NASA’s Cassini spacecraft and Deep Space Network have uncovered evidence Saturn’s moon Enceladus harbors a large underground ocean of liquid water, furthering scientific interest in the moon as a potential home to extraterrestrial microbes.

Researchers theorized the presence of an interior reservoir of water in 2005 when Cassini discovered water vapor and ice spewing from vents near the moon’s south pole. The new data provide the first geophysical measurements of the internal structure of Enceladus, consistent with the existence of a hidden ocean inside the moon. Findings from the gravity measurements are in the Friday April 4 edition of the journal Science.

"The way we deduce gravity variations is a concept in physics called the Doppler Effect, the same principle used with a speed-measuring radar gun," said Sami Asmar of NASA’s Jet Propulsion Laboratory (JPL) in Pasadena, Calif., a coauthor of the paper. "As the spacecraft flies by Enceladus, its velocity is perturbed by an amount that depends on variations in the gravity field that we’re trying to measure. We see the change in velocity as a change in radio frequency, received at our ground stations here all the way across the solar system."

Scientists have successfully reversed the aging process in mice according to a new study just released. Human trials are to begin next, possibly before the year is over. The study was published in the peer reviewed science journal Cell after researchers from both the U.S and Australia made the breakthrough discovery. Lead researcher David Sinclair of the University of New South Wales says he is hopeful that the outcome can be reproduced in human trials. A successful result in people would mean not just a slowing down of aging but a measurable reversal.

The study showed that after administering a certain compound to the mice, muscle degeneration and diseases caused by aging were reversed.

Colon cancer screening is crucial because it can prevent colon-related cancer deaths by as much as 60 percent if adults who are at least 50-years old get screened routinely. What stops many people from getting screened though is the discomfort associated with traditional screening methods.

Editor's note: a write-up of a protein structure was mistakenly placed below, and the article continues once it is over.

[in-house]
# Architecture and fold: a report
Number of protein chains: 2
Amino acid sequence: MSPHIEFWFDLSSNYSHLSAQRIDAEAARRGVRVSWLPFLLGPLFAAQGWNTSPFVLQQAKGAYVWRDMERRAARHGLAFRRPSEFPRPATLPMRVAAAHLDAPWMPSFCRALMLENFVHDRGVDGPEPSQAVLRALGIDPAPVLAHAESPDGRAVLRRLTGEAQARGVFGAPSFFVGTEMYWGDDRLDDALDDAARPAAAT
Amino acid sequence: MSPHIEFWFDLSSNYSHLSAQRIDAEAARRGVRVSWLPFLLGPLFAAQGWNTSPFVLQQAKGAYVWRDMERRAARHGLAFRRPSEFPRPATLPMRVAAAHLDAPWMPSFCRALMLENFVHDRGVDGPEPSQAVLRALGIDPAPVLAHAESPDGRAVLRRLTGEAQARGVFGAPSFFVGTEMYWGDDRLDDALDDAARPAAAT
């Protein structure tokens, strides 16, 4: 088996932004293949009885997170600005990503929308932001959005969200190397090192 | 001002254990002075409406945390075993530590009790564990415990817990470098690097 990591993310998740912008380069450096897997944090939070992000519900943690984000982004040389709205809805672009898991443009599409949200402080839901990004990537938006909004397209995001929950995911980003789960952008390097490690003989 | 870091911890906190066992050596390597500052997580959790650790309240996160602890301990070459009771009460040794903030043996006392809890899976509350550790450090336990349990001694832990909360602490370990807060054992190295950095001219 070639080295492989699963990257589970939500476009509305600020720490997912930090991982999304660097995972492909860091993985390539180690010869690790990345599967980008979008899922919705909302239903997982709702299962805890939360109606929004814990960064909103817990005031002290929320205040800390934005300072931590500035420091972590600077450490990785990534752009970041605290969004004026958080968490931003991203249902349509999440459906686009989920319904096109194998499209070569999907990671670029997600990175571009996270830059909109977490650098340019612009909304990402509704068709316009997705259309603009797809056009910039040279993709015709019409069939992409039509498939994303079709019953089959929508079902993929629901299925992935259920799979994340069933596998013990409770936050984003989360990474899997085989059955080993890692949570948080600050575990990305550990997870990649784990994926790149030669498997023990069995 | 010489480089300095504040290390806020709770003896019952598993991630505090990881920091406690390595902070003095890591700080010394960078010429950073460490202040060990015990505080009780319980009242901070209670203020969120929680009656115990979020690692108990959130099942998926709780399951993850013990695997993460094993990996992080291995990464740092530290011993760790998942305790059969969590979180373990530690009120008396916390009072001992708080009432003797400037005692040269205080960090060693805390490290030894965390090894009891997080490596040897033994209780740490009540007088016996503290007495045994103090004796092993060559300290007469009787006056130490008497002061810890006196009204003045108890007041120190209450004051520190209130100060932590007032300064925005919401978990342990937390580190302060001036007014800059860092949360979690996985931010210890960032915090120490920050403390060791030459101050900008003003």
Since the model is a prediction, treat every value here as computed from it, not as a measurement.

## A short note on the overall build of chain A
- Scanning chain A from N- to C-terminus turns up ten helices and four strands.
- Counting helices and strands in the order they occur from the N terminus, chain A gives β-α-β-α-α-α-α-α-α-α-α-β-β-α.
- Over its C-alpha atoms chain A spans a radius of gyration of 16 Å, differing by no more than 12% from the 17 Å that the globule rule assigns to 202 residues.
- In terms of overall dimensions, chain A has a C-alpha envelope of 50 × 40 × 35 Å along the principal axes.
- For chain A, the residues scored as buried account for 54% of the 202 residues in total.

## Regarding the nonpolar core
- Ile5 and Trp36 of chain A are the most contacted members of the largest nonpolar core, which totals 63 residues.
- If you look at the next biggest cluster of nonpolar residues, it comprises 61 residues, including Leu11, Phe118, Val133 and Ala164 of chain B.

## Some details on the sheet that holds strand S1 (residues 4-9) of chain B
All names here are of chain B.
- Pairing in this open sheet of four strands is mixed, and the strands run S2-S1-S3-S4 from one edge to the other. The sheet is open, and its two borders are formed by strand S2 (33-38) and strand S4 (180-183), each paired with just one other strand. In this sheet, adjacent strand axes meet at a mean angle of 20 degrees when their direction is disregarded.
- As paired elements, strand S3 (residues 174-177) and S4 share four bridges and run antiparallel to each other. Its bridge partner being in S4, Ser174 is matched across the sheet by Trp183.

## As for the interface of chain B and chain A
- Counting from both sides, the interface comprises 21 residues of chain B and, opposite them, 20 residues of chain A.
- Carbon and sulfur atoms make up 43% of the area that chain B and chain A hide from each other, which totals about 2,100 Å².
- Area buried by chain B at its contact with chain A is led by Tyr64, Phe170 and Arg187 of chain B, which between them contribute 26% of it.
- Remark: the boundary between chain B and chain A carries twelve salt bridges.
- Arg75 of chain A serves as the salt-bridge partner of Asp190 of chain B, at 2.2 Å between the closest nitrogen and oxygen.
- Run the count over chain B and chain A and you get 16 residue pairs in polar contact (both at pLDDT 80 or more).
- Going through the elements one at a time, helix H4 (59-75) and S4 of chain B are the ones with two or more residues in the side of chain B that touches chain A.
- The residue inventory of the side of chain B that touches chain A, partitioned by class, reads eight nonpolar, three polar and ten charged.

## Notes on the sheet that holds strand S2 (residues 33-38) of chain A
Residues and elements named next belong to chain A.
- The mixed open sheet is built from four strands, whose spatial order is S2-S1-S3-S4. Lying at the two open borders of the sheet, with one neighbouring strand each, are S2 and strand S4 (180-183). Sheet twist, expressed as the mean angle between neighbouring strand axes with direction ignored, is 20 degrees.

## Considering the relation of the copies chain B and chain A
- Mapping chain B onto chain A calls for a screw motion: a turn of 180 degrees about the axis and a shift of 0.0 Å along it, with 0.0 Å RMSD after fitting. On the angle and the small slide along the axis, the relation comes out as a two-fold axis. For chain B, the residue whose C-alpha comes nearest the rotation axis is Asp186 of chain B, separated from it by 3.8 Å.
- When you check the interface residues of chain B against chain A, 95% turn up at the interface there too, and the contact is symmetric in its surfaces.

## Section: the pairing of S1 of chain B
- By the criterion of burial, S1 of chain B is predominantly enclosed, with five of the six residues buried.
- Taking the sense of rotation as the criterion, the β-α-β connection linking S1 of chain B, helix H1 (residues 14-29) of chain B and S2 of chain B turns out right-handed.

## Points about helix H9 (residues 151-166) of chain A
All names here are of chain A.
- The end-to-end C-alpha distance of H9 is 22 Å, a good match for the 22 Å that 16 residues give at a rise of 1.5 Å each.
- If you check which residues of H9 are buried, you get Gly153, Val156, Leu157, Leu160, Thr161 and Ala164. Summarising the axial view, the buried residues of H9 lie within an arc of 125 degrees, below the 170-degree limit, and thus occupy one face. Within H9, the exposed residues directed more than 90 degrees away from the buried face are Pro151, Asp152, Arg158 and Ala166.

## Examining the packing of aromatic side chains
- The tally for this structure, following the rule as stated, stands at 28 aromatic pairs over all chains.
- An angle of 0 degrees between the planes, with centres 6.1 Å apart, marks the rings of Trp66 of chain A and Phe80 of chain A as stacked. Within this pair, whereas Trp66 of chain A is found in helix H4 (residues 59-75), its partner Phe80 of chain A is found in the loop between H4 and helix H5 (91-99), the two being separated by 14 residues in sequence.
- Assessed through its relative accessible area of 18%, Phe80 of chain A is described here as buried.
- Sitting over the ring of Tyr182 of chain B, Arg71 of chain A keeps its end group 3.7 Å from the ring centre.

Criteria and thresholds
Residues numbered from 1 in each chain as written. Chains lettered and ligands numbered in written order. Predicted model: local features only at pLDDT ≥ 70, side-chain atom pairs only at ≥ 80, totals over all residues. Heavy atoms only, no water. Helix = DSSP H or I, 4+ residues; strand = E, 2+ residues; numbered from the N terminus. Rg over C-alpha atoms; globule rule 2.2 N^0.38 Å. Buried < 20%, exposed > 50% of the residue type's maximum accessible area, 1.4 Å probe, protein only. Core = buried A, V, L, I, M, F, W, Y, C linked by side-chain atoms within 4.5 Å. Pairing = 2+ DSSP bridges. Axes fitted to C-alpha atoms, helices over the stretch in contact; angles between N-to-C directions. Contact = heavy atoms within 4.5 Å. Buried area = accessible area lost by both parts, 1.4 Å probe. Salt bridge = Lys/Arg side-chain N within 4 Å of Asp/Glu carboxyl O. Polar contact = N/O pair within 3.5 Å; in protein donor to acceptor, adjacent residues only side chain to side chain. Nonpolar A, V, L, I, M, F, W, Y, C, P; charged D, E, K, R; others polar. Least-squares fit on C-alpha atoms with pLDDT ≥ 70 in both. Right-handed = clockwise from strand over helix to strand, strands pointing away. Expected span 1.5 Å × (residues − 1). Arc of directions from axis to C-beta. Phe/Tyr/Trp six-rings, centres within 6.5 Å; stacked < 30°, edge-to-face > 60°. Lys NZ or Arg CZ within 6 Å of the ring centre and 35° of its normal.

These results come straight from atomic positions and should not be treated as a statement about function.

The number of adults getting screened for colon cancer, however, may soon increase as the U.S Food and Drug Administration (FDA) is likely to give its approval to a less invasive stool-based DNA test for detecting colon cancer.

On Thursday, a panel of FDA advisers unanimously recommended the approval of Cologuard, a colon cancer screening test that analyzes DNA found in the stool. The FDA may not follow the panel’s recommendation but it usually does. Cologuard was developed by Madison-based Exact Sciences which specializes in colon cancer.

An international team of scientists has built a modified yeast chromosome from scratch, the latest step in the quest to make the world’s first synthetic yeast genome, an advance that would lead to new strains of the organism to help produce industrial chemicals, medicines and biofuels.

Instead of just copying nature, the team did extensive tinkering with their chromosome, deleting unwanted genes here and there. It then successfully incorporated the designer chromosome into living yeast cells, endowing them with new capabilities not found in naturally occurring yeast.

"It is the most extensively altered chromosome ever built," said Jef Boeke of New York University’s Langone Medical Center, who led the effort. The findings were published on Thursday in an online edition of the journal Science.